After the Windows 10 security scandal many people realized the potential risks that a computer’s operating system could pose to personal security and privacy. The Tails operating system (OS) looks to change that. While it may be a little too extreme for the average user’s everyday home use, it is an excellent tool for those who frequently use public terminals such as those found at colleges, universities, or public libraries.
Many users may be skeptical after the Windows 10 debacle since it was advertised as a safe and secure operating system. This begs the question: how do users know they can trust Tails? Tails is open source, which means that users can see the source code and verify for themselves and other users that Tails does what it claims it was designed to do. Even if an individual user cannot read or understand the code, the online community certainly can (remember that users found out about the Windows 10 security flaws and that Microsoft OS is not open source), which means that Tails is open to public scrutiny.
Tails is an operating system designed to protect the privacy and anonymity of users. Tails is an acronym for The Amnesiac Incognito Live System (source) and, like its name, suggests it is designed to “forget” all of the information from users in order to protect their security and privacy. Every time a user starts the OS it starts as a blank slate with only the default programs. Tails is designed to boot from USB, SD card, or DVD, the absolute safest method being the use of a non-rewriteable DVD. All of this is to ensure that no malware or surveillance software is used to collect user data. While online Tails routes all possible connections through TOR in order to maintain the user’s online anonymity and security.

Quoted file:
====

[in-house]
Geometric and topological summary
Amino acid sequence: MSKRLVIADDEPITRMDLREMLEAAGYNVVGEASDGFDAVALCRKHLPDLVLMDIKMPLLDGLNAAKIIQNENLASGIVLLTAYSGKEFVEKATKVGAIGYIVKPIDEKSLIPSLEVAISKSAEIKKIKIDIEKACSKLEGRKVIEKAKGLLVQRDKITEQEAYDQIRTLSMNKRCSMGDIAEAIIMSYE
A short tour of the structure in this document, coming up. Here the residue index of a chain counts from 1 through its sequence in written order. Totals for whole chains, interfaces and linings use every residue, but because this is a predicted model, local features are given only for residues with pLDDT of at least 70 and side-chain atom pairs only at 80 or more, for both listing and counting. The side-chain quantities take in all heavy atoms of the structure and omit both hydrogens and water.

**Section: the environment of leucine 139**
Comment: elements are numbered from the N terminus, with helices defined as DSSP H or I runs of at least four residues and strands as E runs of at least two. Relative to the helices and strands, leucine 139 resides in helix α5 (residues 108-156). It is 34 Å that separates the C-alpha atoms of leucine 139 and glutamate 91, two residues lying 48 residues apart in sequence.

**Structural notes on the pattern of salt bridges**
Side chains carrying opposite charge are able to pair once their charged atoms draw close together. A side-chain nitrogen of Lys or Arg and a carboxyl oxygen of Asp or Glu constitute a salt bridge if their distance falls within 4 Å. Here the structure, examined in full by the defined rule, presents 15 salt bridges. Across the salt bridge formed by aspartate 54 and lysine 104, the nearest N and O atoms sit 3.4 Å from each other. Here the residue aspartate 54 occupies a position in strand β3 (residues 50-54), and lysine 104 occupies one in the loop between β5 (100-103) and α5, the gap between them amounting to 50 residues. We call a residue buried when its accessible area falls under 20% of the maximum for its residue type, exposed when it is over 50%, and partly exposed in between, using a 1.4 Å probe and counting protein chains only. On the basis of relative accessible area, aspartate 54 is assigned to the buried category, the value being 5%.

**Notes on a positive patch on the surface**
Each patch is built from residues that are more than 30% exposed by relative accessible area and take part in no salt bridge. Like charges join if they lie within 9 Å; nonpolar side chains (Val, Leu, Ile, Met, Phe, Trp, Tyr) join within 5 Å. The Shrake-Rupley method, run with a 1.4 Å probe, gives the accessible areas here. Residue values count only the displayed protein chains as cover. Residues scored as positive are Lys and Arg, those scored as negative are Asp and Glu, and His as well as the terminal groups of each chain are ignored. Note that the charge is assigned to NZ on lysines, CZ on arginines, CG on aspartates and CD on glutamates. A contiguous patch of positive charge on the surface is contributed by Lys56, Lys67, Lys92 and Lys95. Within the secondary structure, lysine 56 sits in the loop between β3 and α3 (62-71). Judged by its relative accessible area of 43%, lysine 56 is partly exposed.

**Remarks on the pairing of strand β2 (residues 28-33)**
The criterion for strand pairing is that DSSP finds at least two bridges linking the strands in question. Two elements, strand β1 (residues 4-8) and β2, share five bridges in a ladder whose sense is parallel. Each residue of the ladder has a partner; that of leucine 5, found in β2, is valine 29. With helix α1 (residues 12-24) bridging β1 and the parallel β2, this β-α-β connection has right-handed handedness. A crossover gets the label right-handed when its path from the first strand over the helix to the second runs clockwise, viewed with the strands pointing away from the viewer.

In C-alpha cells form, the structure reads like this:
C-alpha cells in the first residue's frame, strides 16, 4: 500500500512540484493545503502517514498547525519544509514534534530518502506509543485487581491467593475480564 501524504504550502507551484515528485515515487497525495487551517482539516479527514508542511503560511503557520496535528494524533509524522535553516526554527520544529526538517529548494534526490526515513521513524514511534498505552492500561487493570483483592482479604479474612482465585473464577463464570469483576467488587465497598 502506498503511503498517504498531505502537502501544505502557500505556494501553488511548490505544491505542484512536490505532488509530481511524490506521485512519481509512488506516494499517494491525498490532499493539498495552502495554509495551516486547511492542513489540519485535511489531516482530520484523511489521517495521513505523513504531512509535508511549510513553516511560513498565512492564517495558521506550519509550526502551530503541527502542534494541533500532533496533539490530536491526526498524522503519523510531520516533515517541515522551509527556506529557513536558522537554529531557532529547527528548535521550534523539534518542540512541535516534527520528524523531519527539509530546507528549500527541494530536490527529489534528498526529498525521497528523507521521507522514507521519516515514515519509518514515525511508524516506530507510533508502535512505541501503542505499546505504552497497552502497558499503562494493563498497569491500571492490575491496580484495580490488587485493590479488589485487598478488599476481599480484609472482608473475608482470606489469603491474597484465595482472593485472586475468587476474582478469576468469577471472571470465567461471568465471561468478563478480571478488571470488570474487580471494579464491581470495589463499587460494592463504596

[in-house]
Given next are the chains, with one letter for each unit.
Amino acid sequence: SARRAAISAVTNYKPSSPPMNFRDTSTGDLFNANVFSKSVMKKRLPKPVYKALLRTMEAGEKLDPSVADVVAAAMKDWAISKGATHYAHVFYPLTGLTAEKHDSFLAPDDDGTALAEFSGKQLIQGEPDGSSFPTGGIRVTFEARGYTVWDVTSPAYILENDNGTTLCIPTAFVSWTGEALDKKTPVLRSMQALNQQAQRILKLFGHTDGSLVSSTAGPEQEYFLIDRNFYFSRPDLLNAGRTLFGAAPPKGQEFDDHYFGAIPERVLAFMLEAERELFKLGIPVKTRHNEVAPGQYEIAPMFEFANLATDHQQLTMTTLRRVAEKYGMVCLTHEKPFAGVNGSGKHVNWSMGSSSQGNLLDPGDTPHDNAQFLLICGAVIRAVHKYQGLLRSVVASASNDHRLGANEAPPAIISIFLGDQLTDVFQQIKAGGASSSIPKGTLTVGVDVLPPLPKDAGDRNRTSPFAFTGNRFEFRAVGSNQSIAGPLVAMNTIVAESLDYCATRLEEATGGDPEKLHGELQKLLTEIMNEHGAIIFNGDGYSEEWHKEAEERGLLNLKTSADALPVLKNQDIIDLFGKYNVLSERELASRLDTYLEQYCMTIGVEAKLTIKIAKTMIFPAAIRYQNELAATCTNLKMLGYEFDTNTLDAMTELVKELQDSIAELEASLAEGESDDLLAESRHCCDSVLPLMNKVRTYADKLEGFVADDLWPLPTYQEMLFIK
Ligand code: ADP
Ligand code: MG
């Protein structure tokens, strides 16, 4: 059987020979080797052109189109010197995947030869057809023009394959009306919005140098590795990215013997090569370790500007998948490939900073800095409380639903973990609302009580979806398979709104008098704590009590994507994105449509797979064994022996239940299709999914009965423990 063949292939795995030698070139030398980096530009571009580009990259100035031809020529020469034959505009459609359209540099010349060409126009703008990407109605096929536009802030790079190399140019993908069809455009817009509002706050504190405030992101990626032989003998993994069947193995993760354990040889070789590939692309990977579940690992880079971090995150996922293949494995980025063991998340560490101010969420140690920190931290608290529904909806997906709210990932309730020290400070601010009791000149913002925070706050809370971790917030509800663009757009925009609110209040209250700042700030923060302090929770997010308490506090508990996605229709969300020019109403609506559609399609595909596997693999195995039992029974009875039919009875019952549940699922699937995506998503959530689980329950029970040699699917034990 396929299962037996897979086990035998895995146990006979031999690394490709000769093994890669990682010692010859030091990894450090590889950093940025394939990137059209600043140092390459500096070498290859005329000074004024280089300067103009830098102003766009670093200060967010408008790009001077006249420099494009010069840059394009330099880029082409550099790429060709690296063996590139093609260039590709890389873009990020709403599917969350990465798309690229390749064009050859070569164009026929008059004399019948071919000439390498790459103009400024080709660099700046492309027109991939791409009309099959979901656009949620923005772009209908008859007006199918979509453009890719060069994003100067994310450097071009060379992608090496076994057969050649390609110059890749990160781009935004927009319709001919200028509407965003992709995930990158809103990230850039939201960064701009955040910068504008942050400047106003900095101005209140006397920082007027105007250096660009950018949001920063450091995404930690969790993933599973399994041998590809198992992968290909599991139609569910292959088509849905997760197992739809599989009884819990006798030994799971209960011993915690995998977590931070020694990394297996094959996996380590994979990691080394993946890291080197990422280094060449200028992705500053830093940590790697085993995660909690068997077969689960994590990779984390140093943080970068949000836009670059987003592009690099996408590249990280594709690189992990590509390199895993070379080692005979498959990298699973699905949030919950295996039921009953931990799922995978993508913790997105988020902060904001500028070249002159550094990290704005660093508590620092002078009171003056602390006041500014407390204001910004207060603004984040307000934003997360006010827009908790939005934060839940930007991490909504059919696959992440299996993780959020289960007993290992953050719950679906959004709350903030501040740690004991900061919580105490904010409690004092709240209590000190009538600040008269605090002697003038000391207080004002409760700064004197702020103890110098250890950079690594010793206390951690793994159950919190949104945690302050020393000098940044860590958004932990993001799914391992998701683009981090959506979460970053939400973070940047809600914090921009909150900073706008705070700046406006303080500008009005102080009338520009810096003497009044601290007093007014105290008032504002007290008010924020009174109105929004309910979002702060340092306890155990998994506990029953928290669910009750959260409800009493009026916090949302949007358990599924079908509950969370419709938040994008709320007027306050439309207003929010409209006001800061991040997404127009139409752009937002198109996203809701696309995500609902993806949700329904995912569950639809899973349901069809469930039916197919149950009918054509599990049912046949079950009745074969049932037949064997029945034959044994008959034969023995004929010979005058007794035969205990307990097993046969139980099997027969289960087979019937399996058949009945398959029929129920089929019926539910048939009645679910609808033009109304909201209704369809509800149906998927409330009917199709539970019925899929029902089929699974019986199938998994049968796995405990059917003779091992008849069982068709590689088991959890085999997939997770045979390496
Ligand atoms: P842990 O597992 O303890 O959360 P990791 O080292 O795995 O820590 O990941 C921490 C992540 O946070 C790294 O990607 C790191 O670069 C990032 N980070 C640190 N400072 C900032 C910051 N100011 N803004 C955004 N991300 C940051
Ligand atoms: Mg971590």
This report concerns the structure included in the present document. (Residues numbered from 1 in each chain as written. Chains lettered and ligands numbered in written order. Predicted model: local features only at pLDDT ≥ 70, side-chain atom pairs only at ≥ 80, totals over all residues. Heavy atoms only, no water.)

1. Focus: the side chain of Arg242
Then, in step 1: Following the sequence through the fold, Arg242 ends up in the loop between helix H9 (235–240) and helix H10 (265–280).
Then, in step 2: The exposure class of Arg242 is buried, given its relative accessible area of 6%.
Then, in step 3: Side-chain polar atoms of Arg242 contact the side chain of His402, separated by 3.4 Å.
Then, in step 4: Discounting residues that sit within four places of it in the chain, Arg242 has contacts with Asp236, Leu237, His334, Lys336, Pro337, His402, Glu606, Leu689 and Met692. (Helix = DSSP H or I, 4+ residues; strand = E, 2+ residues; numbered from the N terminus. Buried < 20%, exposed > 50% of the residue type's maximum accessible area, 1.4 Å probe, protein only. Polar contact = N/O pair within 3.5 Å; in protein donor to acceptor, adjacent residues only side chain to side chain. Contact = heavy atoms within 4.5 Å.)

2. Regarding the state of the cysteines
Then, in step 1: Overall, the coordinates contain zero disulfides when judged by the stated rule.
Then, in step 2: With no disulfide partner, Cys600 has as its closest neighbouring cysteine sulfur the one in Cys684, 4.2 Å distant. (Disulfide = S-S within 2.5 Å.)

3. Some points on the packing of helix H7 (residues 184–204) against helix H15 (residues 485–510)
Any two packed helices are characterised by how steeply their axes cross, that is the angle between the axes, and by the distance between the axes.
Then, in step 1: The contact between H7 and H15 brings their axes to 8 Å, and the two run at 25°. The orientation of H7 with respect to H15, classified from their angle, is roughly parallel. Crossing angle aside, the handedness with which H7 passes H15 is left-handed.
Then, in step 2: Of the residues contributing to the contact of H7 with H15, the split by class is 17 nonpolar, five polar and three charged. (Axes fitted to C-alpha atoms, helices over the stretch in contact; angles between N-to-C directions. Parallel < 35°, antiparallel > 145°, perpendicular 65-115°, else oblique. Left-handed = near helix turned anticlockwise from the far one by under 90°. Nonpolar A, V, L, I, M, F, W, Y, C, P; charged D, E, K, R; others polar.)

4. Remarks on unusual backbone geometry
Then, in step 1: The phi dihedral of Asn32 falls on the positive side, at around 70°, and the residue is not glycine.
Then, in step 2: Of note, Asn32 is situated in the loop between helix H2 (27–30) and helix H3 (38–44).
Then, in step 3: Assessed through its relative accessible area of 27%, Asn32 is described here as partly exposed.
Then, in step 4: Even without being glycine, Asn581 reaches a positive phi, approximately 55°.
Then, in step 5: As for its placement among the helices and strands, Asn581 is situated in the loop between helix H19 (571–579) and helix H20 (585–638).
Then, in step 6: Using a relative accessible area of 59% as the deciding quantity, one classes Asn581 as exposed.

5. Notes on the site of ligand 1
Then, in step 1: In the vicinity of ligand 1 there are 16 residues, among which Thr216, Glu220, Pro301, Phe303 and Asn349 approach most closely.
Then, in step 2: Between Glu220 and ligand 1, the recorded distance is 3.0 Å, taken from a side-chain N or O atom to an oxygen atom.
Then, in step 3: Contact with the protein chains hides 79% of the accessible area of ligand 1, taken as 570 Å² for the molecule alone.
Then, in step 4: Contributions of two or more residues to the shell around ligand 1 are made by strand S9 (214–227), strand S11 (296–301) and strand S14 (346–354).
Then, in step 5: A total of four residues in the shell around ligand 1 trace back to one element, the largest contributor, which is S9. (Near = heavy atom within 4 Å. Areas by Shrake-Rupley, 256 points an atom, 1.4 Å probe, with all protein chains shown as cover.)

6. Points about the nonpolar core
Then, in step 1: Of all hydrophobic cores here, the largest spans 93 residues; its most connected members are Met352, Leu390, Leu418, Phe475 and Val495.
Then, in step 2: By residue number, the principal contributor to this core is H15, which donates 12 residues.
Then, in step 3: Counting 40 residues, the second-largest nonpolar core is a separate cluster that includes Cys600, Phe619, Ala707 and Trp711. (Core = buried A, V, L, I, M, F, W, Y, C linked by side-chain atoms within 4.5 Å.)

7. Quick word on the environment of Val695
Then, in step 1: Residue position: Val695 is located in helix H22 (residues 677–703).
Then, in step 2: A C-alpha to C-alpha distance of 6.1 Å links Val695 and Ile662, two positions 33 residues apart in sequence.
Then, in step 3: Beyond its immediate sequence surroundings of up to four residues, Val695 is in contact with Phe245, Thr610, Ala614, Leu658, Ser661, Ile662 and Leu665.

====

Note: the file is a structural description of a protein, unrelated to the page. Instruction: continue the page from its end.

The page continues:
Additionally, Tails includes secured email and chat service, password manager and an office suite (not Microsoft Office) as well as a list of other programs users will find useful. Tails truly is a complete OS that is very comparable in features to what is offered on other standard operating systems.
This OS isn’t capable of blocking 100% of data surveillance methods; however, it has been reported that Edward Snowden has used Tails. To their credit, the Tails team is very clear about what the limitations of user security are. Beyond this, Tails is known to have problems running on over a dozen popular machines ranging from Dells to Macs. Some of these problems have been resolved and the Tails team is very transparent about what the limitations on their OS are and what solutions are available. As always users should check to make sure their hardware is compatible before diving in.
Tails requires 4GB of space on a USB, SD card, or DVD, and all of these options currently retail for less than $10.00 CAD. Other than that, the OS is completely free. For those who need security and anonymity I would highly recommend this product. In fact, I may put it on a USB myself for situations where I find myself needing to use a public terminal.
About Kevin Lee
I’ve always been fascinated by the ever evolving interaction between people and technology, specifically within the developments of online communities.